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Sunday, 6 March 2022

‘Take One Life’ by Graham Donnelly

The Book Guild Ltd,
28 February 2022.
ISBN: 978-1-91447103-2 (PB)

 “…my true vocation henceforth will be to further the beliefs and aims of my father.”

William Lyus is born during the early twentieth century.  He and his sister Kitty, share two rooms with their father and mother, Jack and Alice.  This modest accommodation lies above a three roomed flat occupied by Jack’s parents.  Life may not be glamorous, but the Lyus family are aspirational, and William’s father and grandfather provide him with stable role models.  When the family are hit by tragedy early in the shy boy’s life, William feels disorientated by his parents’ grief.  Nevertheless, imbued with a sense of duty he wants to please them by obtaining a good job and making his way in the world. 

Misfortune after misfortune seems to dog William as he matures into manhood.  His desire to do well is undermined when he finds himself dismissed from his initial forays into employment.  Then his loyal nature backfires when unscrupulous employers use him to shield themselves from scandal.  This bad luck knocks his confidence.  His parents offer little in the way of consolation and his low self-esteem deters him from developing meaningful relationships with young women.  He can only watch as his pals are getting engaged and married.

When the wheel of fortune appears to turn in William’s favour, he enjoys a period of personal success and happiness.   Sadly, this cheerful interlude is cut short by another domestic calamity.  The 1930s depression and the troubling years before the Second World War see the rise of Fascism and Nazism in Europe. William develops an awareness of social, economic and political inequalities, which renews in him a sense of purpose and leads him into some dangerous situations.  Then, he decides to take more direct action and fulfil his destiny, whatever the cost.    

Take One Life is related by a third person narrative voice and from William’s perspective.  We are told that, whilst still a young man, William began to keep a journal and the unfolding story of his life reads as though the narrator is dipping into these records.  Similarly, the historical period during which the novel takes place is described with impeccable detail and provides a fascinating picture of societal changes.  It is the characterisation of William, though, that is so compelling.  He is neither a superhero or a villain, instead he is an ordinary human being, buffeted by the vagaries of life, just like you and me.  And this is the joy of Graham Donnelly’s writing, it is a thoughtful recollection of what is essentially an “unremarkable” life.  It is, however, the life that most of us experience, until and unless circumstances place us in positions where we must act and, perhaps, pay the price of our actions.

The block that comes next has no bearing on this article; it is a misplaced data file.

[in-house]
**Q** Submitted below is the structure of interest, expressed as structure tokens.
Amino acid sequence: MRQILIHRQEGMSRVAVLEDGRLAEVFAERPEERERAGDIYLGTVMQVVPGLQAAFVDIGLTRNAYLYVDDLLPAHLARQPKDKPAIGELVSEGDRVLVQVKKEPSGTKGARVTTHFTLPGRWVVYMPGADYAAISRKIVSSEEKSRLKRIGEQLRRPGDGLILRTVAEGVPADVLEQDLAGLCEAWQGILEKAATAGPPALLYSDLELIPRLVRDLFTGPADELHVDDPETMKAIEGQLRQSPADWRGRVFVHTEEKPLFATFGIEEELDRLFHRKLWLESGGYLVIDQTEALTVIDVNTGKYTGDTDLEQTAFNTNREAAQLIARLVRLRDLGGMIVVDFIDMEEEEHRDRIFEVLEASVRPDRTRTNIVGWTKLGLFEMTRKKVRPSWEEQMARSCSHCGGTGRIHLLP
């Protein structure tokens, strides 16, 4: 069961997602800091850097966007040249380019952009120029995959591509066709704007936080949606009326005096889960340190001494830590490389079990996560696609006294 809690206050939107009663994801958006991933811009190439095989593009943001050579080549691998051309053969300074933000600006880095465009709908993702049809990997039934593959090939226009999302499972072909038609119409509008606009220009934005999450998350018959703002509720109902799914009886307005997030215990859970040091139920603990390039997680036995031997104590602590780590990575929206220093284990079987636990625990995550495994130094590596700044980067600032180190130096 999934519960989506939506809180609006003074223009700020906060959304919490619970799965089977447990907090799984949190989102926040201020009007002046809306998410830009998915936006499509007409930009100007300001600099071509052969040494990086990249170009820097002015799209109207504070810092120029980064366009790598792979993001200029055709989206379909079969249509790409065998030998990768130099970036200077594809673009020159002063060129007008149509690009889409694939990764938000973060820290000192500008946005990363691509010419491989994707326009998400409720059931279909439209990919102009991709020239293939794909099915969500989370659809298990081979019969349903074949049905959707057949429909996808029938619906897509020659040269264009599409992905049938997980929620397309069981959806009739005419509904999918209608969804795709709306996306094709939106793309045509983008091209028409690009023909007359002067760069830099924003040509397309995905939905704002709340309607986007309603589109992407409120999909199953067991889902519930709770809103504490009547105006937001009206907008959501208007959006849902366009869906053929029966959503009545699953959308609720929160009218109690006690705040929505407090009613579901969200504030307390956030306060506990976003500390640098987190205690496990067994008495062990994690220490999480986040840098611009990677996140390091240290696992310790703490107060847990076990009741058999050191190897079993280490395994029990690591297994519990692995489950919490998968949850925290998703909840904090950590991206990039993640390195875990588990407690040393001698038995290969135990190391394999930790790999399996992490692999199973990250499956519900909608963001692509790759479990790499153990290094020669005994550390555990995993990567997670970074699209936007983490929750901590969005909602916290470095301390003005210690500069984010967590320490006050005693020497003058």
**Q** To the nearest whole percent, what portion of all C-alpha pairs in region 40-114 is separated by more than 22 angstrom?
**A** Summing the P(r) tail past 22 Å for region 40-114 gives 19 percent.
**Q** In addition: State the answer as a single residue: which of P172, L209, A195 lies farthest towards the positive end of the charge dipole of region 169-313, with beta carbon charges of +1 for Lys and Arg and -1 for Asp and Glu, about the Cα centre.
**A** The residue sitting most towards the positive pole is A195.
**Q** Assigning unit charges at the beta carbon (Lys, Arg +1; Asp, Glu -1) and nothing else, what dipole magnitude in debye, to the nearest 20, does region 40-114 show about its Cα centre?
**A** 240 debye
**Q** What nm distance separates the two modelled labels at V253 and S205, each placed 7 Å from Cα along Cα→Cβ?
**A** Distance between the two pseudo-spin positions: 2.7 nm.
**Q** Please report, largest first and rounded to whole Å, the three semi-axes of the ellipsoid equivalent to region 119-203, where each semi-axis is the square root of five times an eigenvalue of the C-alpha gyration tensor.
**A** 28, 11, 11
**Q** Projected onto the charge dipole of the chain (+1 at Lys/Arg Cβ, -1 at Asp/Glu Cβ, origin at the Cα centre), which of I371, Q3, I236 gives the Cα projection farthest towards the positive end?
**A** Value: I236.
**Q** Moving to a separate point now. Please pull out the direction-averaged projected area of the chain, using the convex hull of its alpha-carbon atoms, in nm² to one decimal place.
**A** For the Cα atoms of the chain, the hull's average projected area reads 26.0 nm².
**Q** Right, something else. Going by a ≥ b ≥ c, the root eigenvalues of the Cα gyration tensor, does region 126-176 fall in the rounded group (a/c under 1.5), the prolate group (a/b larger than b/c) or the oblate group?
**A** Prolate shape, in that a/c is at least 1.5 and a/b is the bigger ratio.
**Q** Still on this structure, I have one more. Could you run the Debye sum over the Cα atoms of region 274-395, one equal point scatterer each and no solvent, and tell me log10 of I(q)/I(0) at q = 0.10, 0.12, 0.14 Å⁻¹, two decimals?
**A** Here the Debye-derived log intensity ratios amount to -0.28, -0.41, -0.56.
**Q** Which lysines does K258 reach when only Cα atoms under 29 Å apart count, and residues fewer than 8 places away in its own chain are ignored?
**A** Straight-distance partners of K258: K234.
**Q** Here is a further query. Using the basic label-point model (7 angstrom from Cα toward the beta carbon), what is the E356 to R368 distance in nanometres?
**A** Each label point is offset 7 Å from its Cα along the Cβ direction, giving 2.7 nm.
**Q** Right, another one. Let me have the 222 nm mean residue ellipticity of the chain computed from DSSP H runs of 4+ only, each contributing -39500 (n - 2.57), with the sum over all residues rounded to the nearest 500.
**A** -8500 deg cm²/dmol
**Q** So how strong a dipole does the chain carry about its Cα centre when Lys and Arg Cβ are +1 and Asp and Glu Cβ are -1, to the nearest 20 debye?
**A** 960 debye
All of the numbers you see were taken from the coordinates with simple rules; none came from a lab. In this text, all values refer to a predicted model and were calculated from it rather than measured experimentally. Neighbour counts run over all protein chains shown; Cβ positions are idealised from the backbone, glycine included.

A beautifully written story of one man who, it turns out, is “Everyman," Take One Life is tragic, yet moving and hopeful.  A novel to savour.  Highly recommended.

Reviewer: Dot Marshall-Gent

Graham Donnelly was born and grew up in London. His varied professional background includes government service, international banking and lecturing in Economics and Management. His first five books were written in the 1980s and 90s and related to his academic work. His first novel, Mussolini's Chest, arose out of his interest in modern history and how ordinary people react to extraordinary situations and is based on true events. His second novel, Unwritten Rules, draws on his own experience in the Home Office and his knowledge of the state security issues at that time. He lives with his wife near Colchester and has two children and three grandchildren. 

Dot Marshall-Gentworked in the emergency services for twenty years first as a police officer, then as a paramedic and finally as a fire control officer before graduating from King’s College, London as a teacher of English in her mid-forties.  She completed a M.A. in Special and Inclusive Education at the Institute of Education, London and now teaches part-time and writes mainly about educational issues.  Dot sings jazz and country music and plays guitar, banjo and piano as well as being addicted to reading mystery and crime fiction.  

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